Year:

  1.  14
    The JOURNEY Metaphor and Moral Political Cognition.Ahmed Abdel-Raheem - 2014 - Pragmatics and Cognition 22 (3):373-401.
    Although researchers have paid much attention to the journey metaphor (e.g., Forceville, 2006a, 2011a, 2011b; Forceville & Jeulink, 2011), little seems known about its role for moral political cognition. Using data from the US and UK public discourses on the Euro crisis as an example, this paper draws on Lakoff’s (1996) Moral Politics Theory, demonstrating that the journey metaphor can play a crucial role for political cognition, and especially for moral political judgment.
    Direct download (2 more)  
     
    Export citation  
     
    Bookmark  
  2. On the Relationship Between Speech Acts and Psychological States.Seungbae Park - 2014 - Pragmatics and Cognition 22 (3):430-351.
    This paper defends a theory of speech act that I call concurrentism. It consists of the following three theses. 1. We believe, ceteris paribus, that other people’s speech acts concur with their beliefs. 2. Our speech acts, ceteris paribus, concur with our beliefs. 3. When our speech acts deviate from our beliefs, we do not, ceteris paribus, declare the deviations to other people. Concurrentism sheds light on what the hearer believes when he hears an indicative sentence, what the speaker believes (...)
    Direct download  
     
    Export citation  
     
    Bookmark  
  3.  29
    Scientists’ Use of Diagrams in Developing Mechanistic Explanations: A Case Study From Chronobiology.Daniel C. Burnston, Benjamin Sheredos, Adele Abrahamsen & William Bechtel - 2014 - Pragmatics and Cognition 22 (2):224-243.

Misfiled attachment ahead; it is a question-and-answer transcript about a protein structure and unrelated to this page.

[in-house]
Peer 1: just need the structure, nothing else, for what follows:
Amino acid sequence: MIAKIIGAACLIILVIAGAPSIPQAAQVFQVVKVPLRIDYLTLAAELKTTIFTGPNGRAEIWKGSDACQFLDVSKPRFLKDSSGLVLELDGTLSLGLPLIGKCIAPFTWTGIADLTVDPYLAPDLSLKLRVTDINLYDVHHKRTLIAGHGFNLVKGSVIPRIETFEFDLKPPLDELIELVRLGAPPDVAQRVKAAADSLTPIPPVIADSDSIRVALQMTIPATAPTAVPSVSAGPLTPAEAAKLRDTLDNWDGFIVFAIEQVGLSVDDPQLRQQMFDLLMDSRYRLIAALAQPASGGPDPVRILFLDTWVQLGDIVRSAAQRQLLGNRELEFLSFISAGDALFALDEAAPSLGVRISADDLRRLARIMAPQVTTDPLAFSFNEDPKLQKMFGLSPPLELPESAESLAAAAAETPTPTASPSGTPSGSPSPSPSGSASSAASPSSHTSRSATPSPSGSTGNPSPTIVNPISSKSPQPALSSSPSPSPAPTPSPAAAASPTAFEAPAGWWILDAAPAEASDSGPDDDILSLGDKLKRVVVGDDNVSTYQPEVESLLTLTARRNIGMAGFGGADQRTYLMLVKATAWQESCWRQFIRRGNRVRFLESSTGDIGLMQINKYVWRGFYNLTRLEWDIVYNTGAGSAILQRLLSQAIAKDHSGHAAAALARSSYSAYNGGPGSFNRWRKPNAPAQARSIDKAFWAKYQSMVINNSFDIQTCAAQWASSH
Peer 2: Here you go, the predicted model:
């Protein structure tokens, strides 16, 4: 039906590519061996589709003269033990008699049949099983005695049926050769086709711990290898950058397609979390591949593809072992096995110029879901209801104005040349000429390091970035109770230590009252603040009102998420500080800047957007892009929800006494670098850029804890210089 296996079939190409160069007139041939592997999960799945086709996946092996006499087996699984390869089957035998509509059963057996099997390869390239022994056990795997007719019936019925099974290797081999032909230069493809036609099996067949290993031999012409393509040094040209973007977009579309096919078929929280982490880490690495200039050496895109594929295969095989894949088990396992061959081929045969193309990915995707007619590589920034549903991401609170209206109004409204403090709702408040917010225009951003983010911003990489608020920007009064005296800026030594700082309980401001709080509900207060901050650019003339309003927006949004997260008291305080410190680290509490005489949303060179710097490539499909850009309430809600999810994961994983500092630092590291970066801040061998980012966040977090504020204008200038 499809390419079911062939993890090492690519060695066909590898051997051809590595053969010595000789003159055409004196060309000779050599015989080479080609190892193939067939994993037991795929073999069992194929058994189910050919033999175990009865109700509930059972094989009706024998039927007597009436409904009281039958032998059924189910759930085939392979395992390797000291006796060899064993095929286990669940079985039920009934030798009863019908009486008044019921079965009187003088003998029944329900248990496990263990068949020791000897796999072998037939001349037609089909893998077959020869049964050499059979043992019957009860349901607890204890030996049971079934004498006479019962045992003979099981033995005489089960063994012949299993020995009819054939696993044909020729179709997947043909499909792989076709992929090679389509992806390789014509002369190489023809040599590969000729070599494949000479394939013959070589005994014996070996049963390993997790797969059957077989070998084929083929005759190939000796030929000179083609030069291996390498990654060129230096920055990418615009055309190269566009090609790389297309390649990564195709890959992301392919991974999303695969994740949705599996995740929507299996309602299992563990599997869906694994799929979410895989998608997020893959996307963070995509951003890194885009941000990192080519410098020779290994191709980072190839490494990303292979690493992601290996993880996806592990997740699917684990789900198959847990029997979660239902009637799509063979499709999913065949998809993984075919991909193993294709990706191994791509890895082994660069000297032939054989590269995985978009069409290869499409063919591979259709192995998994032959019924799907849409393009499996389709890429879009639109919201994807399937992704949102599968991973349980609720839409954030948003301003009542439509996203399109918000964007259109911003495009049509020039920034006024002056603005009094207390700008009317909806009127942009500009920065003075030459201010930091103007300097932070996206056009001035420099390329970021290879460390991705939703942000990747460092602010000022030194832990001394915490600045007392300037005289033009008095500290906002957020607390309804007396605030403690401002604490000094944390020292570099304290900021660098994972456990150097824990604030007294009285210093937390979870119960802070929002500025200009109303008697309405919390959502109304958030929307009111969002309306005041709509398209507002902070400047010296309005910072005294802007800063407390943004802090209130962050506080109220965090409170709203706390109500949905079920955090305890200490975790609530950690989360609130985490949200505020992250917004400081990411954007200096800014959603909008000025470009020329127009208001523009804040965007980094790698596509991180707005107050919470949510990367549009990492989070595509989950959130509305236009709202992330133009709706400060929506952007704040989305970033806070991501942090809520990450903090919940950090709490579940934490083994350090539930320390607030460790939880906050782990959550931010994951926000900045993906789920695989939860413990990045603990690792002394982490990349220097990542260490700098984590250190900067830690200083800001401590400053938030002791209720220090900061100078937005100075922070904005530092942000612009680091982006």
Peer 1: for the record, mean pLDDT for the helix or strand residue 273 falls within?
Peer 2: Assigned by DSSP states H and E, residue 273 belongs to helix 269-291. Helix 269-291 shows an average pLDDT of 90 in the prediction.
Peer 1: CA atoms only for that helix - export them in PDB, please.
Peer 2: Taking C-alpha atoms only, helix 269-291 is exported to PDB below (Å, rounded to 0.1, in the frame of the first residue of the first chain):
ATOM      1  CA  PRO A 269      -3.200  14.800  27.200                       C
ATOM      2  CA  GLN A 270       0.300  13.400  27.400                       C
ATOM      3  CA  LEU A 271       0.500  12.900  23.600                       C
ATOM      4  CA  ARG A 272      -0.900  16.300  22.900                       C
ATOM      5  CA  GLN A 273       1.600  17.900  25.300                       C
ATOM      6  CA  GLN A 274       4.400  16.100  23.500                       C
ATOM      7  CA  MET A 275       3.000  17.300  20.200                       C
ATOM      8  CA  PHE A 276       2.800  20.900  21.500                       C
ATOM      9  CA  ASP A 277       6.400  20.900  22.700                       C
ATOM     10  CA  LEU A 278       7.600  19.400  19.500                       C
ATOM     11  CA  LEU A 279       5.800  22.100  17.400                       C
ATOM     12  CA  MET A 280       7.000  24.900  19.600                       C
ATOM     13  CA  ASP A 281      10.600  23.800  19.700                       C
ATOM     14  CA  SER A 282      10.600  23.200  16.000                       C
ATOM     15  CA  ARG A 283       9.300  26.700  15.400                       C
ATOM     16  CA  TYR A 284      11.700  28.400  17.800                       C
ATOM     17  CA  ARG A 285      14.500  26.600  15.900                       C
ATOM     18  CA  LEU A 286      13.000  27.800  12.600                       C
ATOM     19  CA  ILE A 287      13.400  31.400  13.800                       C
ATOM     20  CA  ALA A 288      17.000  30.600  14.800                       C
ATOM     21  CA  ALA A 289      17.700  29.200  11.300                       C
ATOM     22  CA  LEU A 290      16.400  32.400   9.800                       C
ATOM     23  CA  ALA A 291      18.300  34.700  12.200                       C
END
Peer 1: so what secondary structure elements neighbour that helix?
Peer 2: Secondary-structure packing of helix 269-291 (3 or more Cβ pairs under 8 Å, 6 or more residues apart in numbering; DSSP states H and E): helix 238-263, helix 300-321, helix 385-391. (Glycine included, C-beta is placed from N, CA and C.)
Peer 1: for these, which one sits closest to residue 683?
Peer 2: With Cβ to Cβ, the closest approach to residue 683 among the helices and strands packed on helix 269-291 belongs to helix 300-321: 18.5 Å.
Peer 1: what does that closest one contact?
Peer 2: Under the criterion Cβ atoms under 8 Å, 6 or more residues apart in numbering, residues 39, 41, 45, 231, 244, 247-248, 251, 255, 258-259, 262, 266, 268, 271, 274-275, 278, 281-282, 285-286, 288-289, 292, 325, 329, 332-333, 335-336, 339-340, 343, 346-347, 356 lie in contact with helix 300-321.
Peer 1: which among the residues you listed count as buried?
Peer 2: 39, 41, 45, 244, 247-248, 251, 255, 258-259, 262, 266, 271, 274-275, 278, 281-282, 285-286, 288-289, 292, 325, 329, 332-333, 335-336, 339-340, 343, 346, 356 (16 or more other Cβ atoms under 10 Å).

4.  17
    Iconicity: From Sign to System in Human Communication and Language.Nicolas Fay, Mark Ellison & Simon Garrod - 2014 - Pragmatics and Cognition 22 (2):244-263.
    Direct download  
     
    Export citation  
     
    Bookmark   3 citations  
  5.  10
    Istvan Kecskes: Intercultural Pragmatics.Anita Fetzer - 2014 - Pragmatics and Cognition 22 (2):284-289.
    Direct download (3 more)  
     
    Export citation  
     
    Bookmark  
  6.  11
    Diagrammatic Reasoning: An Introduction.Riccardo Fusaroli & Kristian Tylén - 2014 - Pragmatics and Cognition 22 (2):183-186.
    Many types of everyday and specialized reasoning depend on diagrams: we use maps to fnd our way, we draw graphs and sketches to communicate concepts and prove geometrical theorems, and we manipulate diagrams to explore new creative solutions to problems. While the linear and symbolic character of verbal language has long served as the predominant model of human thought, it is remarkable how — through a range of contexts — thinking and communication critically depend on manipulations of external, ofen non-linear, (...)
    Direct download (3 more)  
     
    Export citation  
     
    Bookmark  
  7.  17
    Thinking in Action.Barbara Tversky & Angela Kessell - 2014 - Pragmatics and Cognition 22 (2):206-223.
  8.  17
    Diagrammatic Reasoning: Abstraction, Interaction, and Insight.Kristian Tylén, Riccardo Fusaroli, Johanne Stege Bjørndahl, Joanna Raczaszek-Leonardi, Svend Østergaard & Frederik Stjernfelt - 2014 - Pragmatics and Cognition 22 (2):264-283.
    Many types of everyday and specialized reasoning depend on diagrams: we use maps to find our way, we draw graphs and sketches to communicate concepts and prove geometrical theorems, and we manipulate diagrams to explore new creative solutions to problems. The active involvement and manipulation of representational artifacts for purposes of thinking and communicating is discussed in relation to C.S. Peirce’s notion of diagrammatical reasoning. We propose to extend Peirce’s original ideas and sketch a conceptual framework that delineates different kinds (...)
    Direct download (3 more)  
     
    Export citation  
     
    Bookmark   3 citations  
  9.  15
    Diagrams, Jars, and Matchsticks: A Systemicist’s Toolkit.Frederic Vallee-Tourangeau & Gaëlle Vallée-Tourangeau - 2014 - Pragmatics and Cognition 22 (2):187-205.
    Direct download  
     
    Export citation  
     
    Bookmark   1 citation  
 Previous issues
  
Next issues